There are times in our life that the circumstances we are facing are so daunting that we feel giving up and hopeless. We throw our hands and say, ‘Ayoko na, wala na ako magawa diyan’. However, this is a response of a non-believer, and the Church isn’t the place for the so-called ‘faithful’ who respond ordinarily. As a devoted follower of Jesus, we always speak about what is impossible given the situation, but pray and trust for the extraordinary to happen. Even in our missionary work, if we only think about our own strengths, we will not have enough to succeed. We need to leave space for God to work His power and might. Remember, the things that we do for the Church isn’t our work, it’s His’ and we are just His hands.
In the Gospel (Jn. 6: 1-15), when the Jewish feast of Passover was near, Jesus asked Philip, ‘Where can we buy enough food for them to eat?’ He said this to test him, because He himself knew what He was going to do. Philip answered Him, ‘Two hundred days’ wages worth of food would not be enough for each of them to have a little.’ One of His disciples, Andrew, the brother of Simon Peter, said to Him, ‘There is a boy here who has five barley loaves and two fish; but what good are these for so many?’
From these five barley loaves and two fish, everyone had their fill, and Jesus instructed His disciples, ‘Gather the fragments left over, so that nothing will be wasted.’
So they collected them, and filled twelve wicker baskets with fragments from the five barley loaves that had been more than they could eat. This clearly was a sign of Jesus’ Authority and Divinity. The Lord interprets the meaning and significance of this miracle as a sharing of His Body and Blood. John uses this Gospel story of the miracle of the multiplication of the loaves and fishes to teach about the Holy Eucharist. This miracle, just like the Last Supper, is not by mere coincidence that both are occurring near the time of the Jewish feast of Passover.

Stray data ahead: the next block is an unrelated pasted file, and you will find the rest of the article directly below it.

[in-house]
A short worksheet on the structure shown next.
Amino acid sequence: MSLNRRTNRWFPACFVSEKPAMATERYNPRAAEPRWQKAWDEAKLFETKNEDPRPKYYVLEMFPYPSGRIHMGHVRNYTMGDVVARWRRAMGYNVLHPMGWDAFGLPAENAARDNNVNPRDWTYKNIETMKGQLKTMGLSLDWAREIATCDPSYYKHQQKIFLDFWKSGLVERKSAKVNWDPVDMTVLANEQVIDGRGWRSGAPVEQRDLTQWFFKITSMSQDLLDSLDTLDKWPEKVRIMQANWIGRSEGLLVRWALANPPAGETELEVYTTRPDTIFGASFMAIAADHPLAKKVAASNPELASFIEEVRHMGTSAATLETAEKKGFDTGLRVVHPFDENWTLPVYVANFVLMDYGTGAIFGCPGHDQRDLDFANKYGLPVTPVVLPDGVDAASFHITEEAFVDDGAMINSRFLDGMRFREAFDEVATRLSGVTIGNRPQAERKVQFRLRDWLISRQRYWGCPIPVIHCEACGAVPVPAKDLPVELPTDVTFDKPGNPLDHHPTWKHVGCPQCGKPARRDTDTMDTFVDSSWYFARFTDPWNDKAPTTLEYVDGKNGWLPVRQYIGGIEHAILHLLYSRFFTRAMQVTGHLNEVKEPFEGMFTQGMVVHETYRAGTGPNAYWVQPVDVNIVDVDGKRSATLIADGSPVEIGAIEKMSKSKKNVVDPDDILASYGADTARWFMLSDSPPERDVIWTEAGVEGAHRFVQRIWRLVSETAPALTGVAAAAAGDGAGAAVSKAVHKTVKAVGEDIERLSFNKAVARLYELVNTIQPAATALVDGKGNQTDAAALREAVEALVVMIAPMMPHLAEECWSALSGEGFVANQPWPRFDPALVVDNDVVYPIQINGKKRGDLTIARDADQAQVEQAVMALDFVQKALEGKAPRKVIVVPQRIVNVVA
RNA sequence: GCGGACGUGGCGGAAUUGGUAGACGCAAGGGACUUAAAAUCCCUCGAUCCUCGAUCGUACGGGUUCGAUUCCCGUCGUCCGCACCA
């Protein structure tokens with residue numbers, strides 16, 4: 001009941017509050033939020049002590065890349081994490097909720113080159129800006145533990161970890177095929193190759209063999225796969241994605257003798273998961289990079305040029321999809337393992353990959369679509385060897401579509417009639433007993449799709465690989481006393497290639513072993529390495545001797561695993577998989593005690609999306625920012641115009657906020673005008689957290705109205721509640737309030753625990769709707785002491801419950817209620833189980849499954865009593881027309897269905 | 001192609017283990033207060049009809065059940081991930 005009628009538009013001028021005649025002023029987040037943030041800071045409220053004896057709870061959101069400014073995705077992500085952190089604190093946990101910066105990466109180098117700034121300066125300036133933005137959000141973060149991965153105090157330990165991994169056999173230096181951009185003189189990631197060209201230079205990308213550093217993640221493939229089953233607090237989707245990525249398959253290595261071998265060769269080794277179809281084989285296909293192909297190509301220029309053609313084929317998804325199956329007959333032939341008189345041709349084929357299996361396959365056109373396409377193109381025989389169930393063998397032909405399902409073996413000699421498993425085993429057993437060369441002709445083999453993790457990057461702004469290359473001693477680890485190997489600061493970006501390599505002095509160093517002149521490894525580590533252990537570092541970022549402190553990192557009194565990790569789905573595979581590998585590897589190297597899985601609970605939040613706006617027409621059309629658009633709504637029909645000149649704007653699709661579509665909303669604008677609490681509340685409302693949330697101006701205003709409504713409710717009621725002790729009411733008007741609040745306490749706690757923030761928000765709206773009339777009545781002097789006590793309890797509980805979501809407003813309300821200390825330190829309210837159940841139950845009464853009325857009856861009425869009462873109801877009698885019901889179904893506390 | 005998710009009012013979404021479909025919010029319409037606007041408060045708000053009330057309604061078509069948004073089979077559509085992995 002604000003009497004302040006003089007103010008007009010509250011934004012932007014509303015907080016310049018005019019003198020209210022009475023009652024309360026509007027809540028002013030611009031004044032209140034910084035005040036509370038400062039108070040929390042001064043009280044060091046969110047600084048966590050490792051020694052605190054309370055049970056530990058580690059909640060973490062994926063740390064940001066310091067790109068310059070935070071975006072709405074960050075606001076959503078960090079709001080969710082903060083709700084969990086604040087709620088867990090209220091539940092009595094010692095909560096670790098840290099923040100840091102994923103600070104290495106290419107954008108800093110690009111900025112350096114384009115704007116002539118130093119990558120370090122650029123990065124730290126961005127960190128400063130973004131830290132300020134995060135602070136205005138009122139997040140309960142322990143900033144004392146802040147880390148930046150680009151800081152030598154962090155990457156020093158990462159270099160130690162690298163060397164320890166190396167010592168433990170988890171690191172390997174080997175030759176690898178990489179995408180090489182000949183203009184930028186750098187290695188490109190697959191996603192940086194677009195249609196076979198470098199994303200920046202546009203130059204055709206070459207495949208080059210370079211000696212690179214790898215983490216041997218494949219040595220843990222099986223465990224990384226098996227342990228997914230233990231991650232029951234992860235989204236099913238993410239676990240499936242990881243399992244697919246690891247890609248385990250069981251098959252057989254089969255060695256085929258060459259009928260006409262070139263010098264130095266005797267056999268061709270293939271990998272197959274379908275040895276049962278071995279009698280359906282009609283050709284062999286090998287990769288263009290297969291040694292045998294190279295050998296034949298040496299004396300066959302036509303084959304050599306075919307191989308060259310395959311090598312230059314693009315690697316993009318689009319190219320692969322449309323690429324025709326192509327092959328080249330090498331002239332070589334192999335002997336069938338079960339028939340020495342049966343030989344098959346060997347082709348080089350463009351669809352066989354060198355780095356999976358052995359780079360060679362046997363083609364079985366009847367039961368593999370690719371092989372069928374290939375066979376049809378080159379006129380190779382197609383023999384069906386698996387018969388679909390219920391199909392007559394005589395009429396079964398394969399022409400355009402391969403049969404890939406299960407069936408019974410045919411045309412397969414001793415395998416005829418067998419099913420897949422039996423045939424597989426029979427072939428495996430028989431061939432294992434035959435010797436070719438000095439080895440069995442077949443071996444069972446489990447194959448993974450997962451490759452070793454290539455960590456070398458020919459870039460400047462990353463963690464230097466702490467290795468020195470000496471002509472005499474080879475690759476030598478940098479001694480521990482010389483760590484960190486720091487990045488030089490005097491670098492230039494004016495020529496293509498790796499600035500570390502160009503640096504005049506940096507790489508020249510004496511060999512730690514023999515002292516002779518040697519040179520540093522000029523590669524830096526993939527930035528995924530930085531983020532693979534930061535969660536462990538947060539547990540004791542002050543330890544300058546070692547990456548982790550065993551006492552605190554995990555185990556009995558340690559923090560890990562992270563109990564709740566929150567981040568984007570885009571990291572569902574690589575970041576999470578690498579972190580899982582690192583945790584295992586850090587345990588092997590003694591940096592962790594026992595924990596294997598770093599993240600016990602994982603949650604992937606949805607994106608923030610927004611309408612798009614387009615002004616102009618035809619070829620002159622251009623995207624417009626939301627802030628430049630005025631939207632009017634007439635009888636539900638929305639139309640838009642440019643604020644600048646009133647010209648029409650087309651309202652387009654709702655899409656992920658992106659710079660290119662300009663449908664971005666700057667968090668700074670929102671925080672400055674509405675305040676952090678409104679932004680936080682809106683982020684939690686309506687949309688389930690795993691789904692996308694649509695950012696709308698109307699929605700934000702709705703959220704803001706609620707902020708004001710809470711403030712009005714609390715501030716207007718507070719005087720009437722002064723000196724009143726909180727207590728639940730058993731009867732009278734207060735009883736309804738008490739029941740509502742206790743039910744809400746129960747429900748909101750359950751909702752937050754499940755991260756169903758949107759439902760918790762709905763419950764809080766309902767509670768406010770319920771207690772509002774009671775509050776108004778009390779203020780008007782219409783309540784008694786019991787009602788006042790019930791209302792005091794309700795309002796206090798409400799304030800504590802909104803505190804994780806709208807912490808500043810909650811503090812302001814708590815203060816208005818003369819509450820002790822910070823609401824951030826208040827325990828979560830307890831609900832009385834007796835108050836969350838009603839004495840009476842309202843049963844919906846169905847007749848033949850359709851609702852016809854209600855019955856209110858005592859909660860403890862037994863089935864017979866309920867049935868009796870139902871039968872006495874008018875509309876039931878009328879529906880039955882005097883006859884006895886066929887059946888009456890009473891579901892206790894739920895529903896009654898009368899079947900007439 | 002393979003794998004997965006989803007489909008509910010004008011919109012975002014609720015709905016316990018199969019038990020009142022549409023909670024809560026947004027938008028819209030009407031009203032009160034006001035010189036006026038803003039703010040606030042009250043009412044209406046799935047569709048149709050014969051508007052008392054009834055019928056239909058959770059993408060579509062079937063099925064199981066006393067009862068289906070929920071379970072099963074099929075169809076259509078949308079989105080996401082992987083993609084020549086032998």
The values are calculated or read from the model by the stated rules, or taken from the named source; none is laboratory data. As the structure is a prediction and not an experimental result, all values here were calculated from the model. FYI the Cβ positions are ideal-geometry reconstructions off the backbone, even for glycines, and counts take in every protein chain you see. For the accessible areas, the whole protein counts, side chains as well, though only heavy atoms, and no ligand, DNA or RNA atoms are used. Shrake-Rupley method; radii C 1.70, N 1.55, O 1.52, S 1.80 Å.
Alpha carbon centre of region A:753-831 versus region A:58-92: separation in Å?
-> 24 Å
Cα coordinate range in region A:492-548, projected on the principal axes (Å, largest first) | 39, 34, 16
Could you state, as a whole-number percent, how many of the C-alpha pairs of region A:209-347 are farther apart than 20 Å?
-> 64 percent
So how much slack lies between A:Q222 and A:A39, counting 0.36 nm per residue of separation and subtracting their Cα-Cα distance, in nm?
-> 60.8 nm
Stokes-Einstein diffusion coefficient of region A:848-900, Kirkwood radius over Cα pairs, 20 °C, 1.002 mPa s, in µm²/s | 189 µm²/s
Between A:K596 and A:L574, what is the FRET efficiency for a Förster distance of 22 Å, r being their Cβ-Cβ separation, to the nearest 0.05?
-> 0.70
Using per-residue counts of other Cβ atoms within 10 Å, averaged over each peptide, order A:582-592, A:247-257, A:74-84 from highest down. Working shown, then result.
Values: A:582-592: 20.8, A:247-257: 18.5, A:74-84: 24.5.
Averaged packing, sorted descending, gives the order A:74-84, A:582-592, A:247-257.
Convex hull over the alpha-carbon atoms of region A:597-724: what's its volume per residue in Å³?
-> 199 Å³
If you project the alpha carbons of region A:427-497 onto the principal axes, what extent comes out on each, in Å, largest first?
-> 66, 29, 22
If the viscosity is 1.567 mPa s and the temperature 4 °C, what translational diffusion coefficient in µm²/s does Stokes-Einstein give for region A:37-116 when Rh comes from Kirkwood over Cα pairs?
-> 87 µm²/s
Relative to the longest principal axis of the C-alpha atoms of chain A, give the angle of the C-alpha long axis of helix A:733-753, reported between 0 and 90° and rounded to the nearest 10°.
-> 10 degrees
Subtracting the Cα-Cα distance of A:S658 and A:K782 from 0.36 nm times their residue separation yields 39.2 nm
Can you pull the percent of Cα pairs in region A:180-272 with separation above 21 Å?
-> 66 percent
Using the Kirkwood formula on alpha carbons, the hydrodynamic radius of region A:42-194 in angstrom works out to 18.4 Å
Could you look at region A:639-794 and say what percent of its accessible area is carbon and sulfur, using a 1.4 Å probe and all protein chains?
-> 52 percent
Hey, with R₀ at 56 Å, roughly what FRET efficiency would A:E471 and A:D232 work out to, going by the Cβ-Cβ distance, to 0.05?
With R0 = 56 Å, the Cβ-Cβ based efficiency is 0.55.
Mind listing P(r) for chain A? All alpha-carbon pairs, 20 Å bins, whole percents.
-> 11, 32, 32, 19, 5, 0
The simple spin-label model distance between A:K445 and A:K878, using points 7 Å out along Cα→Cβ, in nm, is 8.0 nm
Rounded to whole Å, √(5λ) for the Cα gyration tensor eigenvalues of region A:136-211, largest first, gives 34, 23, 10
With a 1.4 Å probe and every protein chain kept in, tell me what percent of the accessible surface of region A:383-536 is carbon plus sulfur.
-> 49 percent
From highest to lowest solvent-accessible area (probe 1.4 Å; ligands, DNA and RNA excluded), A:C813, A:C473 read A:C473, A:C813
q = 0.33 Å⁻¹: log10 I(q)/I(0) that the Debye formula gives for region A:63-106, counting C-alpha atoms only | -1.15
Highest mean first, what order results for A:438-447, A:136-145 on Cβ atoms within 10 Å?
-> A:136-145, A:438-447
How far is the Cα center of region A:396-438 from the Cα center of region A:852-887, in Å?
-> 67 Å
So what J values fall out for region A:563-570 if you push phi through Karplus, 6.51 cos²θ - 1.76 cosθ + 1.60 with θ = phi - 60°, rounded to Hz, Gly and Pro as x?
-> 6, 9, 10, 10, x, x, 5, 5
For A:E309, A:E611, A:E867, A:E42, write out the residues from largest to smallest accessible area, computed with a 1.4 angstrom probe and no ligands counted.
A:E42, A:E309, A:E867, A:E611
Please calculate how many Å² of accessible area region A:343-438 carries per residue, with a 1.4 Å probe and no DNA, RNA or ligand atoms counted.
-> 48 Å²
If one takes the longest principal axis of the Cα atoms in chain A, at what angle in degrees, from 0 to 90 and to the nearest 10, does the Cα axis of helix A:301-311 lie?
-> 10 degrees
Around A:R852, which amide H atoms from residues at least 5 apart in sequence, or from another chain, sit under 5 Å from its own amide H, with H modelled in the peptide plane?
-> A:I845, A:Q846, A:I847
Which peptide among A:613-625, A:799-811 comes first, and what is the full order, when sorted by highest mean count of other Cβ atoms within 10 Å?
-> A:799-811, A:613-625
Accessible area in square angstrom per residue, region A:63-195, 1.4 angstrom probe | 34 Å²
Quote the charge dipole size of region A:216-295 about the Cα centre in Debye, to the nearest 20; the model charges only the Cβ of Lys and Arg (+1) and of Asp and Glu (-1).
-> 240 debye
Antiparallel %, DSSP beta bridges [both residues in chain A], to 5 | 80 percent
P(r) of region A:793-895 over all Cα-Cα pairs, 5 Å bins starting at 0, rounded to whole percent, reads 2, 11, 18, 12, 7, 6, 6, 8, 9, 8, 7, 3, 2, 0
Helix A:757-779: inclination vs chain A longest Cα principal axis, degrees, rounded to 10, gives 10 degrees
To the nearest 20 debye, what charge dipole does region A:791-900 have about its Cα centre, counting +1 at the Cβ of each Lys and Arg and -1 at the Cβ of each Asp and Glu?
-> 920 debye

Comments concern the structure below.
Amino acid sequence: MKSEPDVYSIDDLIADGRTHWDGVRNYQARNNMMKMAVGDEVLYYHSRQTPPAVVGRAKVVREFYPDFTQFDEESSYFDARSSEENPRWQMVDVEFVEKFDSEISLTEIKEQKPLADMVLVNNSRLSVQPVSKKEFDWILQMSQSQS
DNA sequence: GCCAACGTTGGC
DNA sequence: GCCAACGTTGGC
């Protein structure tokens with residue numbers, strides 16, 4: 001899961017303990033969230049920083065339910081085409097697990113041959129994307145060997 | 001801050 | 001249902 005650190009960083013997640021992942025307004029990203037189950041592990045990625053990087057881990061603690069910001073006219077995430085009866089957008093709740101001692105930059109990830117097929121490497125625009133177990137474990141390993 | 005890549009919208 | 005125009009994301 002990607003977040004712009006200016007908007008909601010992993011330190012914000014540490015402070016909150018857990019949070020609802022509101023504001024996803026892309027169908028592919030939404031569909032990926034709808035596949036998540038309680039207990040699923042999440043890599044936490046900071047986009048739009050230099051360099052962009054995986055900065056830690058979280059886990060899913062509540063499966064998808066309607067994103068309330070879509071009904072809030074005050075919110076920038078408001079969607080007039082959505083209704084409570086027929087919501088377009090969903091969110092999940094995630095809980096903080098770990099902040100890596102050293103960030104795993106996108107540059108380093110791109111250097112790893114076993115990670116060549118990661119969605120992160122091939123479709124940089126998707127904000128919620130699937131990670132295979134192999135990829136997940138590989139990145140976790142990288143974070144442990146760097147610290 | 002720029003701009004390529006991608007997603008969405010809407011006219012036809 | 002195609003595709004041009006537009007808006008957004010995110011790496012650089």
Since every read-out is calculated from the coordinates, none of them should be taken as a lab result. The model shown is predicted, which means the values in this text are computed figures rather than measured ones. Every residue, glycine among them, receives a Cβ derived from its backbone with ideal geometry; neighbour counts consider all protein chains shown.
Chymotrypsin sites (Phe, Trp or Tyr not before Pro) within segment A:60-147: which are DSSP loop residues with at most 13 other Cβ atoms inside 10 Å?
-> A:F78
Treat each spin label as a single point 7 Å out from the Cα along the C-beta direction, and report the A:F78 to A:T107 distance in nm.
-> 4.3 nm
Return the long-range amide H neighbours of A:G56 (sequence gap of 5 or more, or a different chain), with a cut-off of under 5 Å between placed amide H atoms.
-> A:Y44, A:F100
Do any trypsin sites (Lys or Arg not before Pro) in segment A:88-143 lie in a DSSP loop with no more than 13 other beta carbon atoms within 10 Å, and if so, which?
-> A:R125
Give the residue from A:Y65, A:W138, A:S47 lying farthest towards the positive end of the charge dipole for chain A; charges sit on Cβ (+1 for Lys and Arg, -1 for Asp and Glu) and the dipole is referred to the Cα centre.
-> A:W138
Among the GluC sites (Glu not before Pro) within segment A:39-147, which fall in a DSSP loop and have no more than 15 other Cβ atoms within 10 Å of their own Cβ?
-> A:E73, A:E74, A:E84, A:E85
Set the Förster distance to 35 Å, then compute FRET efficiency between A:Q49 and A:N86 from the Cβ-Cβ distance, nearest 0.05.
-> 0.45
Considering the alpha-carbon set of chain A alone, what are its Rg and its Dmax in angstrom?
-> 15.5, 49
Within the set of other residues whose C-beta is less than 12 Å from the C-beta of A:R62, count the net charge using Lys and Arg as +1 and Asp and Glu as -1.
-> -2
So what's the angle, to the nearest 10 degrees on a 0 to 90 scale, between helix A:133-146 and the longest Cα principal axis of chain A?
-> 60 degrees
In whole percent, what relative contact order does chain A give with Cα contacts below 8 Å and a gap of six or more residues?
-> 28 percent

In both stories about the Eucharist—the washing of the disciples’ feet and the multiplication of the loaves and the fishes — St. John teaches us that the Eucharist is an action. In fact, the Holy Eucharist is both a sacrament and a sacrifice. Under the appearances of bread and wine, the Lord Christ is contained, offered, and received. It is stressed by the Church that the whole of Christ is really, truly, and substantially present in the Holy Eucharist. We use the words “really, truly, and substantially” to describe Christ’s presence in the Holy Eucharist in order to distinguish Our Lord’s teaching from that of mere men who falsely teach that the Holy Eucharist is only a sign or figure of Christ, or that He is present only by His power (EWTN Website). The word Eucharist is taken from the Greek language and describes an action: ‘To give thanks’. In the Eucharist we are fed by Jesus Himself, and we are sent to serve others.
Thus, this initiative of feeding us, and then sending us to serve others is a continuous flow of action. Everything that we do: our family life, Church work, career, advocacies, etc. will remain short and almost worthless if we keep these in our own hands. If we want to make these better and worthy to succeed, we need Our Lord who will offer to God the Father our own ‘five loaves and two fishes.’ We have to learn to let go and let God. This is the only way to multiply what little that we have into something abundant and meaningful. Small things these may be to us, but God will open the floodgates of blessings to make these enough to feed thousands of others.